I was laying in my bed staring up at the ceiling, my switched-off phone in one hand and tears in my eyes. I could see the rain pouring down through the window, I was lying there immobilized because I couldn’t move, there was water in my house because of the flood but all I could think about was “Has anyone texted me?” “Did anyone notice I haven’t been online?” “Does anyone care?”
I switch on my phone for the 10th time that day, the time read 10:27 and I had a 15% charge remaining, I turn on the Data, hoping I’d be bombarded with notifications, but there were none. I head over to Instagram telling myself something must be wrong with my phone surely someone must have texted me, well the little voice in my head “Nobody cares” was right! I was left on seen. My absence had raised no questions. I constantly tried to tell myself that just because my friends didn’t text me didn’t mean they hated me or that they didn’t care. (For the sake of context my friends were privileged enough to have avoided the floods) Was I more sad there was water in my house or because I felt lonely? I have no idea. I realise it seems pretty silly whining about not getting texts from friends, but was I being too selfish to expect a simple “How are you?” text.
I have always been one of the YOLO people. I wanted to have fun and enjoy life without caring about the next day. I may have even been too irresponsible in the past. But I guess being confined to my bed all day somehow put things in perspective. It made me want more, to go the extra mile, to stop being average, to stop depending on others for my happiness, to stop having the fear of missing out.
I wouldn’t really call it a life-changing moment for me. My fingers were itching to press on Instagram, still holding on to the hope that there would be some message from someone, well there was. Out of the many friends I have, one of them asked me if I was okay. At that moment that strange hollow in my stomach and the voice in my head disappeared. I had a smile on my face and tears in my eyes. Happy tears this time. I came out of her chat and started opening my other chats it was just a bunch of reels.
I am by no means trying to vilify my friends. I am someone who lives by this quote, throughout my life I have always thought about this quote before any decision I made, “Everyone forgets the 99 good things you did, they only remember the 1 time you made a mistake.” It would be unfair from my side to keep holding on to that little thread and weaving negative thoughts in my head, while I can think of all of the good times I have had with them. However, the little voice in my head is back and now it is telling me “Do not be dependent on others for your happiness.” So even when things got back to normal and my phone was fully charged, I refused to open Instagram.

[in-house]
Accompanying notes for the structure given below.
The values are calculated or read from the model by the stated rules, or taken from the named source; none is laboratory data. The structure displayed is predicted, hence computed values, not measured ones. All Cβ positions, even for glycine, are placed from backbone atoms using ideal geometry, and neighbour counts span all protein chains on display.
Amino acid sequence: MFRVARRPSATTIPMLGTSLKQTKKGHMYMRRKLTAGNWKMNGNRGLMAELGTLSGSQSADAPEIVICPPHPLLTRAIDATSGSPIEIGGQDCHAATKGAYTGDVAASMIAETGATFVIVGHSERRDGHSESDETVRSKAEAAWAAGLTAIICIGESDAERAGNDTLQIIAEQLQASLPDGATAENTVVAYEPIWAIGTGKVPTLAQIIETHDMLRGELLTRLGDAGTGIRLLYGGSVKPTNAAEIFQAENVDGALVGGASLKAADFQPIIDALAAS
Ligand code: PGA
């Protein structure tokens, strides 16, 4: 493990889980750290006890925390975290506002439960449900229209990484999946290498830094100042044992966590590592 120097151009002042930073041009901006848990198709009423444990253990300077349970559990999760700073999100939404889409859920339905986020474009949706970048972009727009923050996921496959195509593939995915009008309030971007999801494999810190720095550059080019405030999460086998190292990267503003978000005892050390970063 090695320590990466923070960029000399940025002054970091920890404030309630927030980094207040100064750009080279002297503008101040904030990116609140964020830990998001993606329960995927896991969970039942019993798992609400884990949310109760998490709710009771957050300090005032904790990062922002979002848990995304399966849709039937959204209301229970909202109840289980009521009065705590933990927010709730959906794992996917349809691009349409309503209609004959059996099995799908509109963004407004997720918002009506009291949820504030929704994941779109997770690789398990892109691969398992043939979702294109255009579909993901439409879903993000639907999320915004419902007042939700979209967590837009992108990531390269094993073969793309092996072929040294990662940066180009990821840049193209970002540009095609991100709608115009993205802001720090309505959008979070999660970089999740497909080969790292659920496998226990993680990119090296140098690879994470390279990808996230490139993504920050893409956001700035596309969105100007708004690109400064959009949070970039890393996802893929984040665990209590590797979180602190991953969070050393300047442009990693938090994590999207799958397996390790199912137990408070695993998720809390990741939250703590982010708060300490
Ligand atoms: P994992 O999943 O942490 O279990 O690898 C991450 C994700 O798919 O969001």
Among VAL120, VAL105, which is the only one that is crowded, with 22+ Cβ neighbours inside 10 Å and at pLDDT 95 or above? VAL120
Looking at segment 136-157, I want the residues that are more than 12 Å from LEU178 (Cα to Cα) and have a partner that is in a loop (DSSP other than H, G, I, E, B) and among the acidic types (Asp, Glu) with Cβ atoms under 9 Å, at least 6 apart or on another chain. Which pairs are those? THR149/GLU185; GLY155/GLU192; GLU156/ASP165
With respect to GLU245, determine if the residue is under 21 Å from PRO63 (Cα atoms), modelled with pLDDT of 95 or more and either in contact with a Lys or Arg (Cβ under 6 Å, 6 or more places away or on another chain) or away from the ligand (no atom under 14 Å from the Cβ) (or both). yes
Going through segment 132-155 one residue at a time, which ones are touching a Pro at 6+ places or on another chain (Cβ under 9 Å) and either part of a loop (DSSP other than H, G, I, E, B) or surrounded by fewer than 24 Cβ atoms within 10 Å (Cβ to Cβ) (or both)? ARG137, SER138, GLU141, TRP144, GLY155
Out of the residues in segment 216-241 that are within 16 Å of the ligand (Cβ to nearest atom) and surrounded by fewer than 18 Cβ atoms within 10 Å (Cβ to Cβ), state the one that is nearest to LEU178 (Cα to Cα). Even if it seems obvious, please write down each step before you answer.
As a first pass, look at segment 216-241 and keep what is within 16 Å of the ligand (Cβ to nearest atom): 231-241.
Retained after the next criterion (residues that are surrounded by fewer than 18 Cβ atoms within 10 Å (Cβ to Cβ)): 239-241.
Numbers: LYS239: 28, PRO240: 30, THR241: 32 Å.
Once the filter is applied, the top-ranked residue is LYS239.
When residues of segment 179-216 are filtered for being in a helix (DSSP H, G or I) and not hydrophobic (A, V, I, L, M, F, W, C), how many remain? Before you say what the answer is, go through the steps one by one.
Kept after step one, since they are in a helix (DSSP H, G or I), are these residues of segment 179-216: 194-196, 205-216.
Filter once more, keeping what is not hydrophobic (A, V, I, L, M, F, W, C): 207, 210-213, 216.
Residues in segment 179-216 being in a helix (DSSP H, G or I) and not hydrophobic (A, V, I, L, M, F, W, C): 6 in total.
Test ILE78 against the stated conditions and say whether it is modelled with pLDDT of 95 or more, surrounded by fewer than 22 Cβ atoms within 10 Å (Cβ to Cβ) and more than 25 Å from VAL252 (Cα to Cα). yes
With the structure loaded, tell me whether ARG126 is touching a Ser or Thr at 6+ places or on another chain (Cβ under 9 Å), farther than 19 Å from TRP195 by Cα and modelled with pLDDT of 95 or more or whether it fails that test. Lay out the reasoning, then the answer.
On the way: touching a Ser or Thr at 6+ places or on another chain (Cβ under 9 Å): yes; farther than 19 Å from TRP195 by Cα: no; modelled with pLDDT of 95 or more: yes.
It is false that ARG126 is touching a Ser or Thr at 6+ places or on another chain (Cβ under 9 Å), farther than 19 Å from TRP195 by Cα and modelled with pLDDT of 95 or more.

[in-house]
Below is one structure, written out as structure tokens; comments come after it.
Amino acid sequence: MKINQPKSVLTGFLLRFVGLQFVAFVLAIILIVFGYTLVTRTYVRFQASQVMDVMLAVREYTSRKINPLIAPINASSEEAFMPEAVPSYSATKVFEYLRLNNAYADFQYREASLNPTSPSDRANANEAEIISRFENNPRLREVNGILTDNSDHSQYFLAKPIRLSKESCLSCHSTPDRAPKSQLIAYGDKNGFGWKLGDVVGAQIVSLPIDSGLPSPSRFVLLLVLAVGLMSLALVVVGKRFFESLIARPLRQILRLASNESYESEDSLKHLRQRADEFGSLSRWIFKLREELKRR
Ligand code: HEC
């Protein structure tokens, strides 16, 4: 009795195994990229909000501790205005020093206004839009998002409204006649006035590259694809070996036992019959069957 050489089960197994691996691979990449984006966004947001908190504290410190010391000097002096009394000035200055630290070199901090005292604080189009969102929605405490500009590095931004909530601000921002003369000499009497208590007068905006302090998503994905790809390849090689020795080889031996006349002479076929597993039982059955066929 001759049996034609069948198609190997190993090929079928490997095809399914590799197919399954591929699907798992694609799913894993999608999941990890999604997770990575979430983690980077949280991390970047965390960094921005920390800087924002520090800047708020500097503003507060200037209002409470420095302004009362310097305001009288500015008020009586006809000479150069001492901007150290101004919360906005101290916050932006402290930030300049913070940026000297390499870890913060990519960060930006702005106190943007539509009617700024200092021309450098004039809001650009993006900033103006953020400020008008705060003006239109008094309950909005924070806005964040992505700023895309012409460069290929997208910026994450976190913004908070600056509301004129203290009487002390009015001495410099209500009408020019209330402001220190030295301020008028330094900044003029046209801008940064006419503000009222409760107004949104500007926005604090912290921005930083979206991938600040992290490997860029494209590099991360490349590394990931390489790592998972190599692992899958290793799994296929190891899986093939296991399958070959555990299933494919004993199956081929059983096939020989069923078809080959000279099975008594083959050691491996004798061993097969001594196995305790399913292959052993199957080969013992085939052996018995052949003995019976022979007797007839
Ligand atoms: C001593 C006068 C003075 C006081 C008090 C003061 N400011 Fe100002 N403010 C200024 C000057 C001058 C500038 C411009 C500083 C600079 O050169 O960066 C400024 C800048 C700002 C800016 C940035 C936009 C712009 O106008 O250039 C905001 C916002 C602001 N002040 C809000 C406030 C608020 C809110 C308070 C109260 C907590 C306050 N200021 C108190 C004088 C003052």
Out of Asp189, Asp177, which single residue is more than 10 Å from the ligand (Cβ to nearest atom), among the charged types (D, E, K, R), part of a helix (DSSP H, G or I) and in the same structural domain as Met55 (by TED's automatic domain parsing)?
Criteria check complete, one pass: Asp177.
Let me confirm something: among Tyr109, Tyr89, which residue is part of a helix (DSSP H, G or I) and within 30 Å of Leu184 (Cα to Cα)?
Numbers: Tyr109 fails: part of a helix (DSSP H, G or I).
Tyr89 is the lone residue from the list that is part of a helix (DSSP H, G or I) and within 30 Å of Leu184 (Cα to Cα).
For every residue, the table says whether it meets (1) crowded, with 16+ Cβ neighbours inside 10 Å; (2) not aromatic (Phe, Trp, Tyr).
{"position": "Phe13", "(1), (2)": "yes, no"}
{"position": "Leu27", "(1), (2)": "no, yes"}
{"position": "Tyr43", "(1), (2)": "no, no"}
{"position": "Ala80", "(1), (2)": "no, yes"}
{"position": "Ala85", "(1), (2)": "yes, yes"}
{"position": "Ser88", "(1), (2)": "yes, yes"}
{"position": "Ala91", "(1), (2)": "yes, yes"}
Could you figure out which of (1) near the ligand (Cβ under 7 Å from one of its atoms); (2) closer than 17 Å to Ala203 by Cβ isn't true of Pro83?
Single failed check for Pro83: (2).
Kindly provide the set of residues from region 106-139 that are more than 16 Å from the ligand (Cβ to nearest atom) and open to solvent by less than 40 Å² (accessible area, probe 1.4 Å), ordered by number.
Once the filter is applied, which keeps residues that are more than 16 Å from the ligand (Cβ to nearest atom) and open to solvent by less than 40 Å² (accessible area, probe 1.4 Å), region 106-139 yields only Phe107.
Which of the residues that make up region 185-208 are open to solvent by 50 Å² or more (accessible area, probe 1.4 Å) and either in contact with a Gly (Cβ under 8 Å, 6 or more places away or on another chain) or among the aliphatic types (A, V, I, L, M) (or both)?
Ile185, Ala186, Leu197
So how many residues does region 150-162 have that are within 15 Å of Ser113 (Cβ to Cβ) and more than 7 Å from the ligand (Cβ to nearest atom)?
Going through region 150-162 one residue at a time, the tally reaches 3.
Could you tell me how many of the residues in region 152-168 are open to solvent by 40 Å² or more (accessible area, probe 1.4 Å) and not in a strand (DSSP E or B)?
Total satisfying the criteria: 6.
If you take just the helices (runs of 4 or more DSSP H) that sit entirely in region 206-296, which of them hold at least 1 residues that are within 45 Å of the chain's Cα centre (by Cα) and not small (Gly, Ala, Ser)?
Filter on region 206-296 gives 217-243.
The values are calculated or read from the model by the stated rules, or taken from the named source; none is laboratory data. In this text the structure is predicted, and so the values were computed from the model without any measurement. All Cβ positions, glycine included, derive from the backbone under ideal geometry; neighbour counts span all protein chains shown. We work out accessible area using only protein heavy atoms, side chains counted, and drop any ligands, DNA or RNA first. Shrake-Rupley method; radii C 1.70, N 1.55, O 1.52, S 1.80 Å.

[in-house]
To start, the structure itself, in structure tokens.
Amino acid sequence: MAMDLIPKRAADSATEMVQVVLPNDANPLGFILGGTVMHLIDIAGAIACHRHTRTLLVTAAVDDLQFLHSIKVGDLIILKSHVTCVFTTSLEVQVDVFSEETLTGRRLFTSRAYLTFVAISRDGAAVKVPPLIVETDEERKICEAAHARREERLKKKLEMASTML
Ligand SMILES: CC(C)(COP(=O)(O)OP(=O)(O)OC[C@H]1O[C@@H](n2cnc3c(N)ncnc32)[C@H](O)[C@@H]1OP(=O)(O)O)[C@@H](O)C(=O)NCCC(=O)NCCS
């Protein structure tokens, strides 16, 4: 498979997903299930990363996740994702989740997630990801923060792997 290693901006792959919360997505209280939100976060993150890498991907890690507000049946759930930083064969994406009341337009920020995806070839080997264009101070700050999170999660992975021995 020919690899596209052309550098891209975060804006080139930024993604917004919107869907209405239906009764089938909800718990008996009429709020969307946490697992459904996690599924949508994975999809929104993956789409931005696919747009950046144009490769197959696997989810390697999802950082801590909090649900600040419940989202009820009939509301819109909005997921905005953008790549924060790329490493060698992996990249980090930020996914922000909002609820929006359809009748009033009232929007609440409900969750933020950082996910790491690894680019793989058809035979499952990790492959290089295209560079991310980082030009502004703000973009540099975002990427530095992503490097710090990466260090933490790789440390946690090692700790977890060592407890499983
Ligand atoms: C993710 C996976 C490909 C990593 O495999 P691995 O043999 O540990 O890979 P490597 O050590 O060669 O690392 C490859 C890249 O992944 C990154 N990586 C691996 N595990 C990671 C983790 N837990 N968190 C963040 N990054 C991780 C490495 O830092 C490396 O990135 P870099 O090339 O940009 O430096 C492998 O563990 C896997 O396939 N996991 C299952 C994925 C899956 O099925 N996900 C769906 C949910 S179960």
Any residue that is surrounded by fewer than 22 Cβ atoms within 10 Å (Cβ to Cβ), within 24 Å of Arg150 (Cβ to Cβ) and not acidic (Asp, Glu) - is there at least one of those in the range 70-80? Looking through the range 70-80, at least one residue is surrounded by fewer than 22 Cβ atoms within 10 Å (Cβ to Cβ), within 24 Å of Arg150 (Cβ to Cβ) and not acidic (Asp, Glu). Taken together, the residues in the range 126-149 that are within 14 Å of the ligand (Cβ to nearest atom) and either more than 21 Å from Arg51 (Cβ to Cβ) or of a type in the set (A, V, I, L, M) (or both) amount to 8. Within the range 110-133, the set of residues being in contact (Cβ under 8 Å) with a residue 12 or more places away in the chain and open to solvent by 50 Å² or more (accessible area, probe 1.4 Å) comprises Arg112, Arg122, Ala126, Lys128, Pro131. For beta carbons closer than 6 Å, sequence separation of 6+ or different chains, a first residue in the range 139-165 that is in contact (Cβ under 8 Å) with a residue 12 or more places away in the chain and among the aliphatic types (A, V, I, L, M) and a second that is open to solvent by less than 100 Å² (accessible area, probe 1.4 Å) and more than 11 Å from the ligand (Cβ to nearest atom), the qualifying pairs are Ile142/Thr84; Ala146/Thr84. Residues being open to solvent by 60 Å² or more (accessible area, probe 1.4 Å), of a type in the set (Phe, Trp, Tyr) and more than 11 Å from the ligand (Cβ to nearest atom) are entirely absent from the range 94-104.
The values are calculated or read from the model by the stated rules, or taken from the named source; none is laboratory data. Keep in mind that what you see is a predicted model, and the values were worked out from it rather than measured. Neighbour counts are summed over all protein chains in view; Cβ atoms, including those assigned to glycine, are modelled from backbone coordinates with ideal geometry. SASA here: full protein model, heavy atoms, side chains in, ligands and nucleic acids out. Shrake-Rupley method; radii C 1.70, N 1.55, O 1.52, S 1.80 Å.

I ghosted my friends for the rest of the week, they weren’t important messages anyway. But I was not ready as yet to put on a mask with a smile and pretend I was okay when I wasn’t. I do not want to explore the ethical dilemma of ghosting someone but I’d like to believe I wasn’t wrong for prioritising myself. Ghosting was hard given that I practically lived on Instagram, but the need to let go of other people’s expectations which includes being okay with others not understanding why I am doing it and even being termed as a “bitch” by others was helping me fight my temptation. Maybe ghosting is a form of compassion as well, self-compassion.
I should feel indifferent, but all my life I have lived for validation and human gratification so much so that I have forgotten to hold on to the things and people that truly matter. I am used to pondering over things left unsaid, going in infinite loops of if I made the right decision by pushing people away and prioritizing myself. Guess I’ll know the ending only if I start, it could be a painfully bitter one full of regret or one with self-found happiness.
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